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Final budget agreement temporarily keeps safety net for crime victims intact
$103 million in one-time funding backfills steep federal declines

Press release


Press Contacts:

Grace Glaser, Public Affairs & Policy Manager:, (916) 446-2520 x323 

Jessica Merrill, Associate Director of Strategic Communications;, (916) 444-7163 x118

Logos from Children's Advocacy Centers of California, Coalition to Abolish Slavery & Trafficking, Culturally Responsive Domestic Violence Network, Los Angeles LGBT Center, the LGBTQ Center, California Partnership to End Domestic Violence, VALOR US, and Legal Aid Association of California

SACRAMENTO, CA – In response to Governor Newsom’s approval of $103 million in one-time funding for victims’ services programs, Grace Glaser with VALOR, a member of the California VOCA Advocacy Alliance, released the following statement:

“Last year, Congress tore survivors’ safety net in half with their failure to prevent a 44.7% reduction in crime victims’ services. Governor Newsom and the legislature have temporarily stitched it back together with their commitment to one-time backfill funding, ensuring that for now, victims will receive support during the most traumatic and dangerous times of their lives. 

This is the result of efforts from hundreds of advocates and survivors urging California to step up. Their rallying cry was, “Don’t balance the budget on the backs of survivors!” Assemblymember Eloise Gómez Reyes led the effort from the legislature, gathering support from over half of the Assembly and numerous Senators. 

The Governor and the Legislature have shown that they understand the need for victims’ services, which are core to California’s safety net and helped 816,000 victims of sexual and domstic violence, child abuse, human trafficking, and so many others between FY 2021 and 2022. The investment in the state budget will allow organizations to provide services for survivors in 2024. For some organizations, it will prevent increased wait times and even office closures in rural communities. The High Desert Region’s Partners Against Violence will now be able to keep their satellite office open. Empower Yolo now hopes to reopen their West Sacramento location after federal funding losses prevented them from renewing their lease.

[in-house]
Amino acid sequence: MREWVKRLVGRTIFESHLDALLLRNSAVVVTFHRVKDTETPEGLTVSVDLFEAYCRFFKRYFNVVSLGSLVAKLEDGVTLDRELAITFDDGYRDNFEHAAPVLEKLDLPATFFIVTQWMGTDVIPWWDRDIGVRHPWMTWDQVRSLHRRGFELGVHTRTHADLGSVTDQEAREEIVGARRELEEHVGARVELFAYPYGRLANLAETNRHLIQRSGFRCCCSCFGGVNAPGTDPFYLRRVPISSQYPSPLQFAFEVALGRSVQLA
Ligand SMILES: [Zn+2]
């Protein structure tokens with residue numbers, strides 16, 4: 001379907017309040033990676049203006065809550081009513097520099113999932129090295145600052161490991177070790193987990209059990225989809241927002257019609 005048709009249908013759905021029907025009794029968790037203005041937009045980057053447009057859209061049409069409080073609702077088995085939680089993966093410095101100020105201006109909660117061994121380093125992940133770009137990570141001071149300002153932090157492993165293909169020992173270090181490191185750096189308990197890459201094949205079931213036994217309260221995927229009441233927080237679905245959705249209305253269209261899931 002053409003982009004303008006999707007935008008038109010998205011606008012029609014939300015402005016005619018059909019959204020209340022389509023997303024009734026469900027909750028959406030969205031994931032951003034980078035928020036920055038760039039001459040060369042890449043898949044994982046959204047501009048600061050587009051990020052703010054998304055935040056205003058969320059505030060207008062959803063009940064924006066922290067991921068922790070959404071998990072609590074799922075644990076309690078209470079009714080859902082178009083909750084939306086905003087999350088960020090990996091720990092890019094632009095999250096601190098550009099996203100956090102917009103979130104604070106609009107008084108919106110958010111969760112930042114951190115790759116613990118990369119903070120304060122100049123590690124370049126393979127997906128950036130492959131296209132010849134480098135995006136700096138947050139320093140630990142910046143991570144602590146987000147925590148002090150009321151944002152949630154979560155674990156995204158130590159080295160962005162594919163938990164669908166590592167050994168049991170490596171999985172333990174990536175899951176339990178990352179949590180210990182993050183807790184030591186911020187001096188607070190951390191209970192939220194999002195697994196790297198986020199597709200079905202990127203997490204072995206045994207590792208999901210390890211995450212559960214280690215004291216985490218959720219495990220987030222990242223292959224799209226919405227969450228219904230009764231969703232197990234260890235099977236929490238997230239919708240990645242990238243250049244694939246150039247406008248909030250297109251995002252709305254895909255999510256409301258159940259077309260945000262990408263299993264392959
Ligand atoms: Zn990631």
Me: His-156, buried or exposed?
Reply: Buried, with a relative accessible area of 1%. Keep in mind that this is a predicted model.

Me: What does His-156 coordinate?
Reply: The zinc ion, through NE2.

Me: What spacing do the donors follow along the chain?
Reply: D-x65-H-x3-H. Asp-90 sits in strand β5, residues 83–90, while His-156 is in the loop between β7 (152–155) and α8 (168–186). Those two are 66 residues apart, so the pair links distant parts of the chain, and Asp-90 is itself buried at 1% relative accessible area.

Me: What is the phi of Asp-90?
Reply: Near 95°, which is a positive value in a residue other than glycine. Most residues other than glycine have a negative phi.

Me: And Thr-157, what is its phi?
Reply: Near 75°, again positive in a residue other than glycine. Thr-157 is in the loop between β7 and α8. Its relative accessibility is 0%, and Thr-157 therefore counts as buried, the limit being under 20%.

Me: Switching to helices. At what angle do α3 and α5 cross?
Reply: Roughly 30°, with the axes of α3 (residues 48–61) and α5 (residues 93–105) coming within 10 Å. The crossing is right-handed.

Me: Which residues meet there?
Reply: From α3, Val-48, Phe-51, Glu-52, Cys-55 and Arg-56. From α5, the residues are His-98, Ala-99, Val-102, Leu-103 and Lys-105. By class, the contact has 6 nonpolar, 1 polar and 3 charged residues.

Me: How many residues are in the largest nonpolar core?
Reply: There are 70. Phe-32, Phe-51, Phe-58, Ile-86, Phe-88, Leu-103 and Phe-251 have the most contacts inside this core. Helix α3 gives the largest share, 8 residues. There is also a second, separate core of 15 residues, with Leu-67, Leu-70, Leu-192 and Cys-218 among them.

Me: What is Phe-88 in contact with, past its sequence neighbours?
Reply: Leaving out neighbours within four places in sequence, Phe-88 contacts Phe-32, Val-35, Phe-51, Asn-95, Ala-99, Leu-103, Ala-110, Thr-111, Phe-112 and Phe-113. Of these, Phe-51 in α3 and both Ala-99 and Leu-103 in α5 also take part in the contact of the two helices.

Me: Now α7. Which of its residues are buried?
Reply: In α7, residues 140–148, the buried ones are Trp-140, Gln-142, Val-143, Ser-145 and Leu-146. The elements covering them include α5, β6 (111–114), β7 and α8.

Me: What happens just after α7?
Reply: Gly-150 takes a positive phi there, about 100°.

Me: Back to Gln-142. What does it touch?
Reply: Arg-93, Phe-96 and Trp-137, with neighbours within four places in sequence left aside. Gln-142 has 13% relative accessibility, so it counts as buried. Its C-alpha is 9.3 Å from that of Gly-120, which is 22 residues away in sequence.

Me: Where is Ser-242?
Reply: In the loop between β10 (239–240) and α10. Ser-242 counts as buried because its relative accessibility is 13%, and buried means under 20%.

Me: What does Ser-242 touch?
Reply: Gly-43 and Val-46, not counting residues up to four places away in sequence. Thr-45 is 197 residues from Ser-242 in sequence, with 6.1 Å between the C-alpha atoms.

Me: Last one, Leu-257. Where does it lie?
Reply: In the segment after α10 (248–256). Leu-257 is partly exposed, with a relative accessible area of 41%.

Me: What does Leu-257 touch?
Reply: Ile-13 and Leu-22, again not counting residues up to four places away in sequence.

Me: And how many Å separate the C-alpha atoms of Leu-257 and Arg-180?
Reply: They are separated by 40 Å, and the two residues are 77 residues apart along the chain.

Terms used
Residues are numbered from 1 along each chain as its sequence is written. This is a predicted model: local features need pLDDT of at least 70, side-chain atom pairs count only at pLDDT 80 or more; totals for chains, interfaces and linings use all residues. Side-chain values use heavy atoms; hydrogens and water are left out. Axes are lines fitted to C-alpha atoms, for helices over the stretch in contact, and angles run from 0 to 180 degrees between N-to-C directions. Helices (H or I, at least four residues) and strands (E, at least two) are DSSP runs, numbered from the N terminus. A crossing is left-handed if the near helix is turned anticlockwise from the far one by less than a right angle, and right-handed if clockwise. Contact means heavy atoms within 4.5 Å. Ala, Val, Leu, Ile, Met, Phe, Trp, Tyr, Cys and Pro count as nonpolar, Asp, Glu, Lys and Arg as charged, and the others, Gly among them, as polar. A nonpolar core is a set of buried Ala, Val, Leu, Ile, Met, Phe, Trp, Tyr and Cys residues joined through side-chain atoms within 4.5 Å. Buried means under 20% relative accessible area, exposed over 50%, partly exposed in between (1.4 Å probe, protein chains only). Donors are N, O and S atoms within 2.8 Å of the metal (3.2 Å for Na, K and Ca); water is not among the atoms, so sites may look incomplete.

This means that when survivors call a crisis hotline, there will be an advocate on the other end to answer; that survivors will be able to access shelter when they must flee from violence or lose their housing; that sexual assault survivors will have the support of an advocate during a medical exam; that children will feel supported and safe during forensic interviews; and so much more.  

However, funding remains precarious and reductions will likely occur in the near future if federal funding does not rebound in this federal fiscal year, or without state support in the years ahead. We are grateful to the legislature for including ongoing funding in their initial budget plan, and will work to secure that commitment in future years to provide needed stability to survivors and service providers across the state.

To create a safer California, survivors must be able to process their trauma, meet their basic needs and begin to heal. Our coalition will be back next year, urging Governor Newsom and the Legislature to prioritize the needs of survivors of crime on an ongoing basis.”


The California VOCA Advocacy Alliance consists of statewide organizations dedicated to supporting survivors of crime, advocates, and their communities. Our large coalition works to advance the rights of survivors of trafficking, child abuse, domestic violence, sexual assault, and others. With a common goal to advocate for our communities, we center equitable access to victim services in our decisions.